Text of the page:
Climate Change Adaptation to Protect Human Health
Uzbekistan project profile
Uzbekistan project objective
To pilot adaptation measures in Tashkent and Syrdarya provinces that will increase adaptation capacity of health care system in these provinces to cope with climate induced diseases.
Climate change in Uzbekistan
The climate of Uzbekistan is subtropical and sharply continental. The main climactic features are aridness, abundance of heat and sunlight, and sharp day-night and winter-summer temperature variations. Excessive solar radiation, atmosphere circulation and landscape features account for these specifics of climate.
Climate change is projected to increase temperatures and decrease water availability across Uzbekistan. In the absence of control and adaptive management, this is expected to increase the burden of waterborne diseases as well as health issues caused by dust storms and desertification.
Key health concerns and vulnerability to climate change
Uzbekistan will have significant health affects caused by climate change and rising temperatures. Most of the health problems are related to water and its availability.
Water-borne diseases play a major role in Uzbekistan's health status. More than 30% of households nationwide lack quality drinking water and over 1000 settlements have no potable water at all. The water quality is poor with microbial and chemical pollution due to insufficient infrastructure to treat waste water and purify drinking water. Bacterial pollution increases in warmer temperatures and is reflected in an increased number of cases of intestinal diseases during summer. As an example, bacterial dysentery increases by a factor of 3 in the summer.
Dust storms are a particular problem for Uzbekistan and water shortages and increasing aridity caused by climate change coupled with land degradation problems have aggravated the desertification processes. As a major consequence, this has resulted in an increased number of dust storm events. Excessive exposure to dust constitutes a major health risk for many parts of the country already. For instance, Karakalpakstan exceeds the maximum safe threshold of the concentration of total suspension particles (TSP) by more than a factor of 2. Winds transport the sand particles for long distances extending the geographic boundaries affected by this phenomenon and over 5.5 million people have become increasingly affected by the dust storms.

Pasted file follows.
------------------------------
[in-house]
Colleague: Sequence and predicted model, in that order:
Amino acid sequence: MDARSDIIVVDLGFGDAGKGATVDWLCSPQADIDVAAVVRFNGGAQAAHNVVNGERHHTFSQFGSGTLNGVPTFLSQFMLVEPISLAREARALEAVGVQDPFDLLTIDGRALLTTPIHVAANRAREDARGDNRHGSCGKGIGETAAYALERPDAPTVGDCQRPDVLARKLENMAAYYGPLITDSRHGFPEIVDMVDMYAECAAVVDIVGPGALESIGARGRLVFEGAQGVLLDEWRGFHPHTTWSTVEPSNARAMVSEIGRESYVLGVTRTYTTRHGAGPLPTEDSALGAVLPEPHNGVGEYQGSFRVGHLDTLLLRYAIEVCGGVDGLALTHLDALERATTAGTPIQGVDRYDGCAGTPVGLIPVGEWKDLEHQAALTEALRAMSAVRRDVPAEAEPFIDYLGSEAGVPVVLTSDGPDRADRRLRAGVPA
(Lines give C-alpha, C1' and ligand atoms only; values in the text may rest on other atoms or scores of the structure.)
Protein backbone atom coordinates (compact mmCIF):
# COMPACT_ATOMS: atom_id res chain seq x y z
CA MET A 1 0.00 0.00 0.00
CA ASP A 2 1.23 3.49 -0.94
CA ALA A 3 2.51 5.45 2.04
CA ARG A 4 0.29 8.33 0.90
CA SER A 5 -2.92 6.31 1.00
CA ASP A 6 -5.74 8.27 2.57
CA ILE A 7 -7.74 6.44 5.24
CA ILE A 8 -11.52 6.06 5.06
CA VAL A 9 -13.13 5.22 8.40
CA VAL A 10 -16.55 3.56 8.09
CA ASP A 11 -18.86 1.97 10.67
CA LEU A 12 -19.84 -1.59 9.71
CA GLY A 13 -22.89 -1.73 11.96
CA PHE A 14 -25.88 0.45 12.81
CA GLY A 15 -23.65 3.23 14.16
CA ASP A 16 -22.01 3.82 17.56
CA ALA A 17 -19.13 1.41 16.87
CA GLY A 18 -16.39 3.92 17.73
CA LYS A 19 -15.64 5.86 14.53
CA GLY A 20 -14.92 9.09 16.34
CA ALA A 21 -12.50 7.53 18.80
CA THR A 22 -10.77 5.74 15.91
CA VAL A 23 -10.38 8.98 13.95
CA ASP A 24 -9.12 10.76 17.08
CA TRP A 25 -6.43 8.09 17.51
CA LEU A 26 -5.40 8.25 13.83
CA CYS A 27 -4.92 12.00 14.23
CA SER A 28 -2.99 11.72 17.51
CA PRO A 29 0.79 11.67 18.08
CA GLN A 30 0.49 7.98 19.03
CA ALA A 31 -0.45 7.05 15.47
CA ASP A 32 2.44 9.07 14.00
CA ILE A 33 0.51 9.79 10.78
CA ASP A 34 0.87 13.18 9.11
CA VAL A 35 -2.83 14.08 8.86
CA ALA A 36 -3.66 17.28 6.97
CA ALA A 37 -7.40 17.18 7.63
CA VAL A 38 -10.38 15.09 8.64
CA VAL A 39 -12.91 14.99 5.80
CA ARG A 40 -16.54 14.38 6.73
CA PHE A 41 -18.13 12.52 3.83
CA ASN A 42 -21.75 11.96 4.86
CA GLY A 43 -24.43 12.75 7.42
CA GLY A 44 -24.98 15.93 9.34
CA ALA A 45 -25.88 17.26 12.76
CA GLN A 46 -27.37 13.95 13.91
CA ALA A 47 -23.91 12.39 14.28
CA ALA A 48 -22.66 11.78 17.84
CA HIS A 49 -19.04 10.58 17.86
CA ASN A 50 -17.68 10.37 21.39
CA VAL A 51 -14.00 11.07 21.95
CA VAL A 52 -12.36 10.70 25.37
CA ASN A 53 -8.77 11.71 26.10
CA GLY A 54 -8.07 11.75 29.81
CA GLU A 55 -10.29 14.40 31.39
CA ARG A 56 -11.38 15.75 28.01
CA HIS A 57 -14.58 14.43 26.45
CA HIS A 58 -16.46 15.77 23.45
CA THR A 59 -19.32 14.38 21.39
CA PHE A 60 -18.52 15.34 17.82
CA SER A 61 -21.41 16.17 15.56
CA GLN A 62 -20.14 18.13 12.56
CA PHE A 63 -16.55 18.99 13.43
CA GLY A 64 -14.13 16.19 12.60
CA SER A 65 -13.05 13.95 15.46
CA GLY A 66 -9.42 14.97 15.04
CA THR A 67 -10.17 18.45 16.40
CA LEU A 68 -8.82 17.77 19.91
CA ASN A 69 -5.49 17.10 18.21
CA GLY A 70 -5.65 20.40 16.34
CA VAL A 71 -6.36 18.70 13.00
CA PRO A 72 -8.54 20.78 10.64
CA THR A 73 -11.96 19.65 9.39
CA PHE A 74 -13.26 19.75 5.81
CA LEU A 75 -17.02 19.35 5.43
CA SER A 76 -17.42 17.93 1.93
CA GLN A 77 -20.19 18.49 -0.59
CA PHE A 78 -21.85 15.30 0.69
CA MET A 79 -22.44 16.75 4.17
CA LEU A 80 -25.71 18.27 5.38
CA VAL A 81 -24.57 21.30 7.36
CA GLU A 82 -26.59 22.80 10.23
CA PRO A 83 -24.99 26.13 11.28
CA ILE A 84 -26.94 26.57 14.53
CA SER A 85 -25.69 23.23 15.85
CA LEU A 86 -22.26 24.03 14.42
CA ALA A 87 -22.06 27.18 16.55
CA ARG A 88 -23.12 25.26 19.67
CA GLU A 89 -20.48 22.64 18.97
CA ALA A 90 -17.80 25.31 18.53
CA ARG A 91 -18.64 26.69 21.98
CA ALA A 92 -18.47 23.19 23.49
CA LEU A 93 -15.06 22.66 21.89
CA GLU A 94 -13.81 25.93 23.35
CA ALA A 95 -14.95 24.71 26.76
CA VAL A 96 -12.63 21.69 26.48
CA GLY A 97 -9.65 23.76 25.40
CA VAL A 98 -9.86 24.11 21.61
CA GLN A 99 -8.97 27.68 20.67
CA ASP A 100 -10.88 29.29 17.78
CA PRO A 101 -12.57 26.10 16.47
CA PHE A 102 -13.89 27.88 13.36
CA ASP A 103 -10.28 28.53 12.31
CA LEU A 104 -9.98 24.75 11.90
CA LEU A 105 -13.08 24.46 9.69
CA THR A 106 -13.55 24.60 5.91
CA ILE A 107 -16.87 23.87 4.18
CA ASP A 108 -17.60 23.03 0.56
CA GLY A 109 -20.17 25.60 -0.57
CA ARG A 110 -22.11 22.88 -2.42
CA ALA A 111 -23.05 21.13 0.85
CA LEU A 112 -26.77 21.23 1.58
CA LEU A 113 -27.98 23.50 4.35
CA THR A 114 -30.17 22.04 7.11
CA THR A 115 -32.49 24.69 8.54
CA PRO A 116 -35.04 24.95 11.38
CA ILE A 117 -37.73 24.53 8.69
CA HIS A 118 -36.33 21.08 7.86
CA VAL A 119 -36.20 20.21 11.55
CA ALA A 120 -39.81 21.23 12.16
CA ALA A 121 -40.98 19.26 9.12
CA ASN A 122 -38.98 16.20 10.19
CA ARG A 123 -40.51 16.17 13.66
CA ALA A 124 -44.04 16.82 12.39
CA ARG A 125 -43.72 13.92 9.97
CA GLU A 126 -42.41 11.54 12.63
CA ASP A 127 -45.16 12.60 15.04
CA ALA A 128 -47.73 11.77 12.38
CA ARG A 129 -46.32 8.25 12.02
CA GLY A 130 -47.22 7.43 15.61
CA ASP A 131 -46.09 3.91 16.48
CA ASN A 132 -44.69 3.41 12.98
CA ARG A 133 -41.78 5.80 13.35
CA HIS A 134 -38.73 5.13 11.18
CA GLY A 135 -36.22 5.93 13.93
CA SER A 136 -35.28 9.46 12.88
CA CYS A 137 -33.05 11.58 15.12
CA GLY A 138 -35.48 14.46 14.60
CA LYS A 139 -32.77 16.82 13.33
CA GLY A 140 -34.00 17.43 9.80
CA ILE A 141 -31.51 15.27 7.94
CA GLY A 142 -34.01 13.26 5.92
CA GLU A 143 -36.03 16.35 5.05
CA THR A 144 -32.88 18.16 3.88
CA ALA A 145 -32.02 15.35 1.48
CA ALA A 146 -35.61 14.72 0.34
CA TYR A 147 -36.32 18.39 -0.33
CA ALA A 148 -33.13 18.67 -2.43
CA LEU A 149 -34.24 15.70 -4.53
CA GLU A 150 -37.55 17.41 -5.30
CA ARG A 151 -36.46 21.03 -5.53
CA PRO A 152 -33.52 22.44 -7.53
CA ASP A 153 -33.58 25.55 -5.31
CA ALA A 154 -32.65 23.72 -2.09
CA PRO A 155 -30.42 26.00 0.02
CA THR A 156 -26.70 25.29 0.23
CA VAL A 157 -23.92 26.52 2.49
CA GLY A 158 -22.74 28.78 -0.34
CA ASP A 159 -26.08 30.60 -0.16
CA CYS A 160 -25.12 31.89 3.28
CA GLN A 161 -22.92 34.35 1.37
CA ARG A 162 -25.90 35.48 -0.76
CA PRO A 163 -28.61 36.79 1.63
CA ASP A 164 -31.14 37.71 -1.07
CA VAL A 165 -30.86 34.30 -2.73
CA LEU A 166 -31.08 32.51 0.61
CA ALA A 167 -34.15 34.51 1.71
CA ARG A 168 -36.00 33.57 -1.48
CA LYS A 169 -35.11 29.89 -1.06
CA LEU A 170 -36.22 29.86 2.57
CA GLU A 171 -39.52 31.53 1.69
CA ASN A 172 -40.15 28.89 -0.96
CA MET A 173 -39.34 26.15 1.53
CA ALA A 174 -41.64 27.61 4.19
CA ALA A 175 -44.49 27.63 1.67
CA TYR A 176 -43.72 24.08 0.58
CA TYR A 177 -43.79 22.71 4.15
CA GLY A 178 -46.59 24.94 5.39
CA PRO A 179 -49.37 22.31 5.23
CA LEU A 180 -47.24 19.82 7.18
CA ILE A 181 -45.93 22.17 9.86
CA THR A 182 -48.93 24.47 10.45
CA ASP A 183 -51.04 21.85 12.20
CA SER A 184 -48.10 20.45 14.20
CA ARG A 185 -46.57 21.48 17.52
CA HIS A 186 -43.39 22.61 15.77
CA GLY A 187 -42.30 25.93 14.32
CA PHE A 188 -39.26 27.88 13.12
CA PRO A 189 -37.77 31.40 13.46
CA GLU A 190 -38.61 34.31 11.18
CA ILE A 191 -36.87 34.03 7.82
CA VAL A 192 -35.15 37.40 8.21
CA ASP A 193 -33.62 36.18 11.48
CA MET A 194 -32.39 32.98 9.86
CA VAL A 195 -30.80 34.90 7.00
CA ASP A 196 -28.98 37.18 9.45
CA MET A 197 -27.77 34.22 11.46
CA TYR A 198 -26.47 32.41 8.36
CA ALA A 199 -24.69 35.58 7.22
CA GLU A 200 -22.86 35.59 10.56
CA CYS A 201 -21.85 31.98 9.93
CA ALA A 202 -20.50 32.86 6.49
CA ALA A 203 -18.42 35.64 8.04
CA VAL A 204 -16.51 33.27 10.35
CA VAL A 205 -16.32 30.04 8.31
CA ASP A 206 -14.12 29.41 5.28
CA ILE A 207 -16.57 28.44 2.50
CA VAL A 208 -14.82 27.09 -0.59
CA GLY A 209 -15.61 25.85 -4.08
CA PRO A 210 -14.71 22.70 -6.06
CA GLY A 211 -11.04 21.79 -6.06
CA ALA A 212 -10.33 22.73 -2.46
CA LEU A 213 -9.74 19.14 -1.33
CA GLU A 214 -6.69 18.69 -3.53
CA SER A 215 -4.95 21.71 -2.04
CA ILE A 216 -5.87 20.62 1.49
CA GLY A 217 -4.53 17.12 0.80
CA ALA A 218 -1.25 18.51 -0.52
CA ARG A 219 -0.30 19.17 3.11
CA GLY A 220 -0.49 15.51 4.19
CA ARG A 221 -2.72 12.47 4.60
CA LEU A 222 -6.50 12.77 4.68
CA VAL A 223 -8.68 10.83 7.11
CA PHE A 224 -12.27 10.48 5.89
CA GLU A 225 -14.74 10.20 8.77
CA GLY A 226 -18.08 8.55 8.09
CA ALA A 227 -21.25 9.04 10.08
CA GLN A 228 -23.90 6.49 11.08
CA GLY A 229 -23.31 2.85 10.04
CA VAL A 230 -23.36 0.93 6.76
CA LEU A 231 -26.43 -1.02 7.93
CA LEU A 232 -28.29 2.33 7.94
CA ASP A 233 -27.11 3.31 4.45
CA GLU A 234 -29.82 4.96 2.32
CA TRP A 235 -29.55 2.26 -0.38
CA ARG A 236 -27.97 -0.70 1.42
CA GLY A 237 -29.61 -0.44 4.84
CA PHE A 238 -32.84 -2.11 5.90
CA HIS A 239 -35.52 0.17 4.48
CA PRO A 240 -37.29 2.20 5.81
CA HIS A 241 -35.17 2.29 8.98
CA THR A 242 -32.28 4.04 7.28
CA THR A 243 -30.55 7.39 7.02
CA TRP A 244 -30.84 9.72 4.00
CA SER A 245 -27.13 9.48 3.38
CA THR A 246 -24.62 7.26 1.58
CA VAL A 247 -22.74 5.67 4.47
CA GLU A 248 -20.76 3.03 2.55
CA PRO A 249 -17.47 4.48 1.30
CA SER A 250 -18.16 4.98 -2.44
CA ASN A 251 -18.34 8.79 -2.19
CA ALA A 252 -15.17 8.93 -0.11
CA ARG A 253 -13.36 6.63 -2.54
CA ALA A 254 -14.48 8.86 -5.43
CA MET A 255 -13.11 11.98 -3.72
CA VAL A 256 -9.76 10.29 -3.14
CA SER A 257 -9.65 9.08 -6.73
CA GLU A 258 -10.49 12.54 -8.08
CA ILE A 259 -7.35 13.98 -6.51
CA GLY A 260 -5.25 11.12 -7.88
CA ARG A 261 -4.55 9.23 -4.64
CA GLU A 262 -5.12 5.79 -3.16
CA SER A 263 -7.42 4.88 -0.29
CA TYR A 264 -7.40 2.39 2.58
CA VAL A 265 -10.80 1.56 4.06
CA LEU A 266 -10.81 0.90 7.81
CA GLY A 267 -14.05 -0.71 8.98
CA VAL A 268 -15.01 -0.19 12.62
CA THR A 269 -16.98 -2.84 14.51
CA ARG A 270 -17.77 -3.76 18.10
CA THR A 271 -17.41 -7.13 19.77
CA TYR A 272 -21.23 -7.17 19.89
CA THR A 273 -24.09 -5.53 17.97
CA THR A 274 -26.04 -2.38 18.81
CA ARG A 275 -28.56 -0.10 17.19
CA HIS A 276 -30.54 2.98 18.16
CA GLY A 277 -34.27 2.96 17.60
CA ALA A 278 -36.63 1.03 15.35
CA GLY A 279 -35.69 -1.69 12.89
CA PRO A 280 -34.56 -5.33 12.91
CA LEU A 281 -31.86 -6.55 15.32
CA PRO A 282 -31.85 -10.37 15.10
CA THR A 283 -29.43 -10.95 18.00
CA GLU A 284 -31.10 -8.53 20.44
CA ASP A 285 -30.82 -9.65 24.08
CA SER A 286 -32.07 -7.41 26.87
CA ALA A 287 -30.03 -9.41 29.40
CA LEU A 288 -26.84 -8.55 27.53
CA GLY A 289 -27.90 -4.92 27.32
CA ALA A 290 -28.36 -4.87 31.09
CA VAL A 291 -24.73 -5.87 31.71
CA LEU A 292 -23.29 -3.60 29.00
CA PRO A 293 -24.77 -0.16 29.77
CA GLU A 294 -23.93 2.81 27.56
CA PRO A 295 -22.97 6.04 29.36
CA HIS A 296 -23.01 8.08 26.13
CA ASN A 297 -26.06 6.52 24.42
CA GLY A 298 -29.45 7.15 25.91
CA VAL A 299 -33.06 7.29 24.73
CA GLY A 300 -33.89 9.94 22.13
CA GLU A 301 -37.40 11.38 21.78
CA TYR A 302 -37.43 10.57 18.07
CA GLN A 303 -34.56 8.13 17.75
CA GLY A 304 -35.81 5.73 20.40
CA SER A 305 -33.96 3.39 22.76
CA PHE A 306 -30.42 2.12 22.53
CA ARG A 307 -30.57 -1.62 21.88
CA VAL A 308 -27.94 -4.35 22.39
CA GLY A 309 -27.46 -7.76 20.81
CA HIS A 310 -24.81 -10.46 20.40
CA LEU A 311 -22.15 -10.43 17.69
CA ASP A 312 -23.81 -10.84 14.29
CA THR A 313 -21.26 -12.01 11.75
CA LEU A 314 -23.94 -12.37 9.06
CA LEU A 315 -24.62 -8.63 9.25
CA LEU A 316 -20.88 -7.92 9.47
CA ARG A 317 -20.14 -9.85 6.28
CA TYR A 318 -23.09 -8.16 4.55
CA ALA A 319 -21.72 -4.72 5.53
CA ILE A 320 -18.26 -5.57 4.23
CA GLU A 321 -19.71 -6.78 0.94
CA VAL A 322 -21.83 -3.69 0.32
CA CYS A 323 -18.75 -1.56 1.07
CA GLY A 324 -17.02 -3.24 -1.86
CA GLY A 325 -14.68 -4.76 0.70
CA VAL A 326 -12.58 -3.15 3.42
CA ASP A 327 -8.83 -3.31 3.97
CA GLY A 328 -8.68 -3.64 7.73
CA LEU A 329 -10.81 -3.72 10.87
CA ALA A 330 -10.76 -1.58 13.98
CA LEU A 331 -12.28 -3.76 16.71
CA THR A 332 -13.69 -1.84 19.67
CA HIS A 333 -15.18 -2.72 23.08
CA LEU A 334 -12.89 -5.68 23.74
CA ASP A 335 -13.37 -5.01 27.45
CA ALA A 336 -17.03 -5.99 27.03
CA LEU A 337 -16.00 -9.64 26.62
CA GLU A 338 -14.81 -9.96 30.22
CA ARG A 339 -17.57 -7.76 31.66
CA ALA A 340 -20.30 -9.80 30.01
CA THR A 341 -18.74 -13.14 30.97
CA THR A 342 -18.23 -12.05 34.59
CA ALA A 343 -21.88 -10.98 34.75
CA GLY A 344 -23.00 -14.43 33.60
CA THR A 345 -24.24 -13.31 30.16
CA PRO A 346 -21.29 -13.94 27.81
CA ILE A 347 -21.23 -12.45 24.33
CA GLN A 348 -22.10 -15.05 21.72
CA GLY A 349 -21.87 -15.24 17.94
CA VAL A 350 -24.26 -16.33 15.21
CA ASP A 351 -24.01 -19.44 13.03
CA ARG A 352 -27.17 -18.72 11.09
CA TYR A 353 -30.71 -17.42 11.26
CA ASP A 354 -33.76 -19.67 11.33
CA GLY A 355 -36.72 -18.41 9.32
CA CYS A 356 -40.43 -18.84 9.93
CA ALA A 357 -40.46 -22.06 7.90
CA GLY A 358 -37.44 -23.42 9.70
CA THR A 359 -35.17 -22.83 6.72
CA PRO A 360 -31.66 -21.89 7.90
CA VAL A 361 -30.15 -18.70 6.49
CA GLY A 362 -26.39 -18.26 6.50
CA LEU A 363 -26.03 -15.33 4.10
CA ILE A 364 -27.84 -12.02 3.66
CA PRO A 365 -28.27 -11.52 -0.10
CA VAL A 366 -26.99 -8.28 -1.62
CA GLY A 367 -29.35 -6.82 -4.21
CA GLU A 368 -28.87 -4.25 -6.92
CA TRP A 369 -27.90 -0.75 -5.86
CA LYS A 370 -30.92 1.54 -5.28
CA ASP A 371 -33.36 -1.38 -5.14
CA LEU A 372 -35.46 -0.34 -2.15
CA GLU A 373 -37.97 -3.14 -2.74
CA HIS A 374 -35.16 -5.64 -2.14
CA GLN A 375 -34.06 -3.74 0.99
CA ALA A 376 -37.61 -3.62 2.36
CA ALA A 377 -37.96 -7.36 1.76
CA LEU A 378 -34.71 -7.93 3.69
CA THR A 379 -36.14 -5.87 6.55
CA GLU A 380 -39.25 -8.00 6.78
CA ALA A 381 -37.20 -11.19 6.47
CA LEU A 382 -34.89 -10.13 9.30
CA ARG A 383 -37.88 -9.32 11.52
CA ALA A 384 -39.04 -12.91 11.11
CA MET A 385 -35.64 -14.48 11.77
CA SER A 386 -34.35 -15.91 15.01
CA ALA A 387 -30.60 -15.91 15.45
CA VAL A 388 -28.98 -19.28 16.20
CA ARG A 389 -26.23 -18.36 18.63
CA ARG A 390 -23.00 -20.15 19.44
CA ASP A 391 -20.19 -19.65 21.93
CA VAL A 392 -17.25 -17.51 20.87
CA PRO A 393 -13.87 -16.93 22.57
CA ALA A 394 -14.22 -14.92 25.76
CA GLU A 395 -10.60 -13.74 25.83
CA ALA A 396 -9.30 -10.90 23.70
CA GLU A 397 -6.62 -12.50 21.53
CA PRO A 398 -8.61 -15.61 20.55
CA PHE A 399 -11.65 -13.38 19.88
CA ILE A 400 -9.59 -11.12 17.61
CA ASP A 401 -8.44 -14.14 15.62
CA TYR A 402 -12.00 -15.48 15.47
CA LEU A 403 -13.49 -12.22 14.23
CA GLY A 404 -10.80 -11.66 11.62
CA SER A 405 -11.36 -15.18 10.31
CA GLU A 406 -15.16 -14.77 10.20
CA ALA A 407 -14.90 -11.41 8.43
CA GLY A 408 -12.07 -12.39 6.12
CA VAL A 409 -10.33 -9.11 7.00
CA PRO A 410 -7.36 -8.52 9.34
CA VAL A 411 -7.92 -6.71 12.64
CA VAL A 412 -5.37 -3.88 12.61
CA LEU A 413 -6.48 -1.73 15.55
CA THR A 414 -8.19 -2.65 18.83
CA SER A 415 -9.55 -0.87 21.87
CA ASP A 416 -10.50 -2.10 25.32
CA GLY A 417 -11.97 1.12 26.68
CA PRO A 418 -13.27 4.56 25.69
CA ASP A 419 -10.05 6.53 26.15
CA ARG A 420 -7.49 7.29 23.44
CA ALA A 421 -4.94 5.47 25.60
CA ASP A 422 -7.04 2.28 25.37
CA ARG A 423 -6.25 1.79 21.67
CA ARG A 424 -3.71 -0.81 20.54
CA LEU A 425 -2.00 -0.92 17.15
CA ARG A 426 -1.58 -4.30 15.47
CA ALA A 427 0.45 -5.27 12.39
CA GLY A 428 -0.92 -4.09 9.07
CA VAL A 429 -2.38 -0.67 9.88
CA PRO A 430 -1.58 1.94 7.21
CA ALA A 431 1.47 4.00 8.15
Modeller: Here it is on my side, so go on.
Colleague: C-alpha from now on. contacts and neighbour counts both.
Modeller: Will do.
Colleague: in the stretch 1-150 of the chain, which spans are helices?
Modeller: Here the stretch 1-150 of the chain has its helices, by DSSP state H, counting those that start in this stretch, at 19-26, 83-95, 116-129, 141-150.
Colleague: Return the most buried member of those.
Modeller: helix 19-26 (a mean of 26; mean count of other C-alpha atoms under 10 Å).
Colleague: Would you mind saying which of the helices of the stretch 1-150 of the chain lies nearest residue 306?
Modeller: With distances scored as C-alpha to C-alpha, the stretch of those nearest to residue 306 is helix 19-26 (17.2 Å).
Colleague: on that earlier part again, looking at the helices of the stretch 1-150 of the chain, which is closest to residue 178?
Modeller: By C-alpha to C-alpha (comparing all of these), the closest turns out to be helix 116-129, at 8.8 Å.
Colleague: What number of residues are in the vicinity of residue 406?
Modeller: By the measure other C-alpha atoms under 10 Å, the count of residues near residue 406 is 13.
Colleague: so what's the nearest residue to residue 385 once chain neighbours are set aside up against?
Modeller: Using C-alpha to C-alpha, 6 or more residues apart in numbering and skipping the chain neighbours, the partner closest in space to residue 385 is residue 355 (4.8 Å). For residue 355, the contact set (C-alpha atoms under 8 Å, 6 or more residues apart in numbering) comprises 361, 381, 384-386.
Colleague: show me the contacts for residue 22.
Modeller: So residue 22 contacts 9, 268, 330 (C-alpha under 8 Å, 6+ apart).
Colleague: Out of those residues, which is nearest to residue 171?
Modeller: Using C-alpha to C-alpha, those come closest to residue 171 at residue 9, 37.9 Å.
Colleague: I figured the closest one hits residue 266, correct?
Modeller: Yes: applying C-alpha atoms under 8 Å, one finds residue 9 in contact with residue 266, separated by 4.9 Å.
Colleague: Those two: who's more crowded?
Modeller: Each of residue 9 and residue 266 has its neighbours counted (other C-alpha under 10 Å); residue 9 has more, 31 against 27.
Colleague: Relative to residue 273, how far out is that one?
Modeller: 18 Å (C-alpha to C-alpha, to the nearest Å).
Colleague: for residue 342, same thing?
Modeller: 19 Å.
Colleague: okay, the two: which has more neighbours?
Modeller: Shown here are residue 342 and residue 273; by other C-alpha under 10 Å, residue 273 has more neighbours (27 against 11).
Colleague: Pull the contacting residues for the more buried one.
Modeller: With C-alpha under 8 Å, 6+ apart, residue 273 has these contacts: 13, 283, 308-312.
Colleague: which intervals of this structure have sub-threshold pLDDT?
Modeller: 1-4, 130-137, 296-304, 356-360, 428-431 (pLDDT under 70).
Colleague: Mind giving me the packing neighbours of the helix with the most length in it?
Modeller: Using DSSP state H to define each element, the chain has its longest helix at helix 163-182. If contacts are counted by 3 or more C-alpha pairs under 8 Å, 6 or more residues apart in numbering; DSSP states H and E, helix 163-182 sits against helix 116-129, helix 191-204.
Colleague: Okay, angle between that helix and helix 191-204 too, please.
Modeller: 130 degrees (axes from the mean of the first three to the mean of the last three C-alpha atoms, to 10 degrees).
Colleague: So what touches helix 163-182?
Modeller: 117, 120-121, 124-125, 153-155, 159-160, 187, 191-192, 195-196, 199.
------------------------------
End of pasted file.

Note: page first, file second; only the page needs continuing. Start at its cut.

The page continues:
The project aims to reduce negative impacts of climatic drivers by equipping health care personnel and the wider population with essential tools and knowledge to prevent detrimental effects of climate on human health. Effective prevention will be monitored through the reduction of the risk of morbidity and mortality of acute intestinal, cardio-vascular and respiratory diseases induced by climatic factors. It will achieve this by addressing the following barriers:
- Knowledge - The level of knowledge and skills to prevent diseases connected with climatic factors are limited among the general population.
- Capacity - Health care system personnel are not fully aware of the relationship between climate change and variability and health impacts. There has been no specific training of the personnel in regard to adaptation to climate change and preventing its negative health impacts.
- Monitoring and surveillance - The climate and health monitoring and surveillance systems are not conducted at the right geographical and temporal scale that would allow observations of trends and make advance forecasts to direct interventions against climate sensitive diseases.